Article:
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Wednesday, January 19, 2005
My contribution to an already huge stack of similar lists
I don't typically pay to see "bad" films. You know, the sort of moving picture shows that critics save all their pithy adjectives for. Anacondas: The Search for the Blood Orchid? Didn't see it. Torque? Didn't see it. Anything starring a Mickey Mouse Club alum that claws her way out of lower-middle class oppression to "find their voice," ascend to the throne of a tiny European nation or win a singing competition, dancing competition, beauty competition and/or ride a zebra? Naw, I didn't see any of them either.
What did I see watch plenty of movies that should have been great but somehow jumped the tracks and crash landed in The World O' Suck. I can forgive the Princess Diaries 2: Royal Engagement for being what it is, a mindless bit of fluff for people that still eat crayons. Napoleon Dynamite on the other hand? Everyone involved should be forced to endure the film's scrotum-frying time traveling device.
Here's a list of the bottom ten movies I endured during the year 2000 and 4.
10. Troy: $183 million dollars down the drain to expose the pitfalls of "Fake and Bake" tanning lotion. The makeup artists on the set must have spent no less than three hours every morning rubbing down Brad Pitt to give his skin that oranger-than-a-pumpkin-covered-in-orange-juice gleam. Troy is 163 minutes of the dullest moments from '50s gladiator films intermingled with half-hearted, shaky-cam action sequences. When an arrow meets Achilles' heel, the scene is so anti-climatic it may as well have never happened.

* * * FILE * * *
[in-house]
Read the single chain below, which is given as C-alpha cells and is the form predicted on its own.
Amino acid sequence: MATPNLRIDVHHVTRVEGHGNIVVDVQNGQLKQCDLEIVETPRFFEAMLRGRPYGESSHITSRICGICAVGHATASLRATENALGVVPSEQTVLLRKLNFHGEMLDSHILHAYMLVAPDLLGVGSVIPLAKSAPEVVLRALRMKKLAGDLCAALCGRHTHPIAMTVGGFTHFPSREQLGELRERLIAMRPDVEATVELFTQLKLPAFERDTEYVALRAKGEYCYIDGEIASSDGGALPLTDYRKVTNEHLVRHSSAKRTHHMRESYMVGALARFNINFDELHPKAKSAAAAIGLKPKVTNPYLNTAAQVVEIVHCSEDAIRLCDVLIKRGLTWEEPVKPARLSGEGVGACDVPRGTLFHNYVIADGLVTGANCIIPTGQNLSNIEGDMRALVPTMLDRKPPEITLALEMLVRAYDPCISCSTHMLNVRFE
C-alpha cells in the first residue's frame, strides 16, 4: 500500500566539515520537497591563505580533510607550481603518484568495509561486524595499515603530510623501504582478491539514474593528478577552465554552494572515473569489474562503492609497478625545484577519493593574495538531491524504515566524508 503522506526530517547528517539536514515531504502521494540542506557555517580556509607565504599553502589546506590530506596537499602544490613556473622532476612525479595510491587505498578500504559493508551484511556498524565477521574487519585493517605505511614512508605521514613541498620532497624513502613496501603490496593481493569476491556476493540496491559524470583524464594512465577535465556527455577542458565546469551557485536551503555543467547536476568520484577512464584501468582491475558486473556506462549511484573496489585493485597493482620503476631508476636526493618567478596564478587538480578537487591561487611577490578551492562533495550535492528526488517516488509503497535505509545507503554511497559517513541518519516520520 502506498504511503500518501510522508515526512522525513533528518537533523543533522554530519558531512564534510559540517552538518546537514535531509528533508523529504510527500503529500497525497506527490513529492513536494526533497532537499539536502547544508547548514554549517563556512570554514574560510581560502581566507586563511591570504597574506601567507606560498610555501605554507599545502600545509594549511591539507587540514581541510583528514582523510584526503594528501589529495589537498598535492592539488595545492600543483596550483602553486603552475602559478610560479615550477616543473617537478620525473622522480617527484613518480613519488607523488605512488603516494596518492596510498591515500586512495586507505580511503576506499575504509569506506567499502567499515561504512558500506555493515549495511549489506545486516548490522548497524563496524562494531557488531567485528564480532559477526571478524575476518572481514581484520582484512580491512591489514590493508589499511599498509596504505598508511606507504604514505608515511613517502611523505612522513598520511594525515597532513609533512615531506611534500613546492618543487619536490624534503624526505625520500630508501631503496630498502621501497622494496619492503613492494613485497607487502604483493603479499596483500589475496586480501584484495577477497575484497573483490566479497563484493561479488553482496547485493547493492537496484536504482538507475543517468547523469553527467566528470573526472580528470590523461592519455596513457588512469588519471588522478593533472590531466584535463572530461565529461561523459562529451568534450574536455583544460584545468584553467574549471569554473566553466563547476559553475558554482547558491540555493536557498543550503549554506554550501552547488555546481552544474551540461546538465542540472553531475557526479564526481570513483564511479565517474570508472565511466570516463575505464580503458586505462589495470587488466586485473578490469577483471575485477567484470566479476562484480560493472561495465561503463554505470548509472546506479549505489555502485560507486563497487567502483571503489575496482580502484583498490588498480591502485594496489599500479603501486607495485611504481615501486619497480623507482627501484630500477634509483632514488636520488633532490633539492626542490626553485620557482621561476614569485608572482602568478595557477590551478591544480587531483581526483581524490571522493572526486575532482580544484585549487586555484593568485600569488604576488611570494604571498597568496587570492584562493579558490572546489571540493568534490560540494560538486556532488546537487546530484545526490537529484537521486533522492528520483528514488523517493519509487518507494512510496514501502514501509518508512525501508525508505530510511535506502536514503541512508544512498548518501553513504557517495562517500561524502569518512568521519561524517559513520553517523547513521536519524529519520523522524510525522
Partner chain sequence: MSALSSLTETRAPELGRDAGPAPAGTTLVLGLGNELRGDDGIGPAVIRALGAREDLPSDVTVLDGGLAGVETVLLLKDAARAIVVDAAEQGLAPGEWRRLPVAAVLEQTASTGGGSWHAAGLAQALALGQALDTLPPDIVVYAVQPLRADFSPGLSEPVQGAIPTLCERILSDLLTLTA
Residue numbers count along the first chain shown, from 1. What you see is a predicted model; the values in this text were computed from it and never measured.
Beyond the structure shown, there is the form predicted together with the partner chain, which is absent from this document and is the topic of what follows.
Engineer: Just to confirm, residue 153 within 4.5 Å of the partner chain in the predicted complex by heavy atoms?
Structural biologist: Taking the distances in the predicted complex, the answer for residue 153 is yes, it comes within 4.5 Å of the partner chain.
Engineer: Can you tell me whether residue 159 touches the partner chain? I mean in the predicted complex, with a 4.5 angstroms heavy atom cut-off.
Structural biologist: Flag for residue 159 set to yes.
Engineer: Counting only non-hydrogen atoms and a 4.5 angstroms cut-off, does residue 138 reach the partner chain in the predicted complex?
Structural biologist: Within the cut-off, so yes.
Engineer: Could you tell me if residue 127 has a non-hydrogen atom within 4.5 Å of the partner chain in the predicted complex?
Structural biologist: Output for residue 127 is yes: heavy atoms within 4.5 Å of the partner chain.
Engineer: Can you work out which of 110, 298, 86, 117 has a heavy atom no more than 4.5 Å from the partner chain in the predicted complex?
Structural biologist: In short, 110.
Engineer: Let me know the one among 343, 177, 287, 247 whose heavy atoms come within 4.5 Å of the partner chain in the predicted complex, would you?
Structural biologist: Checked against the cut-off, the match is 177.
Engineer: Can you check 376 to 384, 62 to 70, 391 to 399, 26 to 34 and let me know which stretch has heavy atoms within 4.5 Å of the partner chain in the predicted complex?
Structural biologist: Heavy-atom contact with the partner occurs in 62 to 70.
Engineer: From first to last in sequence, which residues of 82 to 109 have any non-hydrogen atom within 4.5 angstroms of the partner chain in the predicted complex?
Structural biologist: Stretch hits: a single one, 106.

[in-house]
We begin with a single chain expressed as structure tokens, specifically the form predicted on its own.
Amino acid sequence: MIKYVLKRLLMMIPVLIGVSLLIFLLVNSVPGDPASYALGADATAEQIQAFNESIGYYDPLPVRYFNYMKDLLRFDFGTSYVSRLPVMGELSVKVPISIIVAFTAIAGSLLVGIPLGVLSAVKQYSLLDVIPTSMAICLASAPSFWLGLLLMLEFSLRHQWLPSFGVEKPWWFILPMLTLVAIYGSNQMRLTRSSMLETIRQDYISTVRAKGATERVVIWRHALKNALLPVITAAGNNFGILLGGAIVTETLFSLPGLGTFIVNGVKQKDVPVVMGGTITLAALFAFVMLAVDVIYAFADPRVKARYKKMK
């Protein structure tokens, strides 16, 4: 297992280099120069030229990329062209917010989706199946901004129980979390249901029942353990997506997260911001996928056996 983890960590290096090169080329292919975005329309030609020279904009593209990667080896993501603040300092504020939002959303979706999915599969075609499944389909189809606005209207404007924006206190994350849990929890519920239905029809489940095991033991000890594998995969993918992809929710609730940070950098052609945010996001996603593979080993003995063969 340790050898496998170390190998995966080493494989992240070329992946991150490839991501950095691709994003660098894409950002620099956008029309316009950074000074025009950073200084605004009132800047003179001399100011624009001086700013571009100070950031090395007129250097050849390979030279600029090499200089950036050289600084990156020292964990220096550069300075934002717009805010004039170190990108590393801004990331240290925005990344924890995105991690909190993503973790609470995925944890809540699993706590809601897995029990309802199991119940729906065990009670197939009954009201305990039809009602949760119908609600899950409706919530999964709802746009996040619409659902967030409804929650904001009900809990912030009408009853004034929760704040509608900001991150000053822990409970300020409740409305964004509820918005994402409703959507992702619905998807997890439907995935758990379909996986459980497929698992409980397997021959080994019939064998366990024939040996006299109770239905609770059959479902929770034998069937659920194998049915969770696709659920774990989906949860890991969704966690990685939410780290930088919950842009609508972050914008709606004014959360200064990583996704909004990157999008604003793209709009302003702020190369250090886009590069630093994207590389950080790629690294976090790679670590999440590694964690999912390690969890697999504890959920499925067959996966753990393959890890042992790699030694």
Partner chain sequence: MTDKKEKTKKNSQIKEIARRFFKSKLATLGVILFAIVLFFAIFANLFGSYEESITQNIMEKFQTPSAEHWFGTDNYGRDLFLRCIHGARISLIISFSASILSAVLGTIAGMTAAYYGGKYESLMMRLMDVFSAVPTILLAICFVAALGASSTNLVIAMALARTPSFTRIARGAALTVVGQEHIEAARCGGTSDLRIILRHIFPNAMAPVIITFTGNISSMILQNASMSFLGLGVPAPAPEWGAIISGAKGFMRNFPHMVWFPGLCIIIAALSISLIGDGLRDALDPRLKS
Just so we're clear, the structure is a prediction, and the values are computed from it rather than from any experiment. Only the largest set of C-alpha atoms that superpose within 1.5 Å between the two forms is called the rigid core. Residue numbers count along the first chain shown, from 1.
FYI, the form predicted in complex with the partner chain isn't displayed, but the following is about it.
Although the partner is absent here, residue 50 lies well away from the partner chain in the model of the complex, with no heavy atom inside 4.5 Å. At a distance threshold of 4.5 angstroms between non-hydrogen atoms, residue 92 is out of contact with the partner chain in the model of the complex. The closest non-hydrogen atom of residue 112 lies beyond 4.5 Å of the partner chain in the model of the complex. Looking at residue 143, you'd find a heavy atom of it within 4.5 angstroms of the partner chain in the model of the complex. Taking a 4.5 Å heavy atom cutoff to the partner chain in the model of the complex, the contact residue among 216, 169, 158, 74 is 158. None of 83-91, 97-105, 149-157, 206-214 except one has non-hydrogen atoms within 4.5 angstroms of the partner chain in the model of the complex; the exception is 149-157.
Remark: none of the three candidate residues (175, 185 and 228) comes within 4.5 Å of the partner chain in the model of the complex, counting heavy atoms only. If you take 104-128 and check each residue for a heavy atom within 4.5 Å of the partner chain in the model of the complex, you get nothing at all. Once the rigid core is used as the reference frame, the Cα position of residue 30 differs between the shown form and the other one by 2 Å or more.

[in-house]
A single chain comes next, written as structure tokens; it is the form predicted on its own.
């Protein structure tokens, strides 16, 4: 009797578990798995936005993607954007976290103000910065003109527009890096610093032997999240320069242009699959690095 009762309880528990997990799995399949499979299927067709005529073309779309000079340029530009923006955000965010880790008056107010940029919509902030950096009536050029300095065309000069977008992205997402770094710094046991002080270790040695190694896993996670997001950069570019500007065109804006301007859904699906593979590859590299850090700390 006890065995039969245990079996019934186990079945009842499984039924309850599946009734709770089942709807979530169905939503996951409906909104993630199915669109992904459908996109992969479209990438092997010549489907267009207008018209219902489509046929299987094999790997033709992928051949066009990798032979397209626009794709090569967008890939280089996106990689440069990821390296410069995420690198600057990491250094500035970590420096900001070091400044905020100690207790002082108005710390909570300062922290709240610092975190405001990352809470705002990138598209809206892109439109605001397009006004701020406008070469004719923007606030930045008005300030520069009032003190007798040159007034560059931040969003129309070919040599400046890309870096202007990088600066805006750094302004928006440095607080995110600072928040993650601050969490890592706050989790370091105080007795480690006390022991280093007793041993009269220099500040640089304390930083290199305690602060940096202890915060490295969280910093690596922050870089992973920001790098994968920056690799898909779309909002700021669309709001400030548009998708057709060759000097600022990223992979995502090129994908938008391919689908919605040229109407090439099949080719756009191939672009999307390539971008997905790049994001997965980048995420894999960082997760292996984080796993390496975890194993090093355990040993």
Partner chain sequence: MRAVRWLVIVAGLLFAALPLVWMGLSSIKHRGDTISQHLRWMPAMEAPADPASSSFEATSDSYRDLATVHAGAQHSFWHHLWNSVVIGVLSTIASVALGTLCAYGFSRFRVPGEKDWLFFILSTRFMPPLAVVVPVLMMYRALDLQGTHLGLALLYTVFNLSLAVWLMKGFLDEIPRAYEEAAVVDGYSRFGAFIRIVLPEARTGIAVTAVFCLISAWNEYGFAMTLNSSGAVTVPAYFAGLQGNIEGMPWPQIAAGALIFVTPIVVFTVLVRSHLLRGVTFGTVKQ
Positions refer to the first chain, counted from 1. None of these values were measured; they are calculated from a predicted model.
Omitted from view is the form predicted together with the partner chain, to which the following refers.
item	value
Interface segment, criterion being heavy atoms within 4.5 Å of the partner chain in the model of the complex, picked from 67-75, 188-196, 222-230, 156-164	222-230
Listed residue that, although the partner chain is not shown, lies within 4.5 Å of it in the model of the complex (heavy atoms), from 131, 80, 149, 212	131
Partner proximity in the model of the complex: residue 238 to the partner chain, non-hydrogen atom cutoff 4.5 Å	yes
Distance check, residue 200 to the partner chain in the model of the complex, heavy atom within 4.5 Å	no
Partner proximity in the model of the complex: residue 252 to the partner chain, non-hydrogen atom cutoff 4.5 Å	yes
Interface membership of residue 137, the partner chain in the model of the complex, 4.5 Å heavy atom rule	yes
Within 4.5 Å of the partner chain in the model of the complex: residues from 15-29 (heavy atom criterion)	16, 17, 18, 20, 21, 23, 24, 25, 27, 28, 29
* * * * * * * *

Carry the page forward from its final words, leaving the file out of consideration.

9. Ghost in the Shell 2: Innocence: Gorgeous animation aside it's the polar opposite of its predecessor. Watching Innocence is like riding a roller coaster through fog only to find you've moved barely an inch once you reach the end. If you ever find yourself writing a sequel for beloved anime masterpiece, save the endless philosophical ponderings and fifty-cent words for the nearest dorm room and be sure to jam in plenty of malfunctioning robot hookers. Wipe away the endless layers of pretense from Innocence and all you'll find is a pointless, contrived sequel unworthy of one of those Adult Swim imports that no one watches.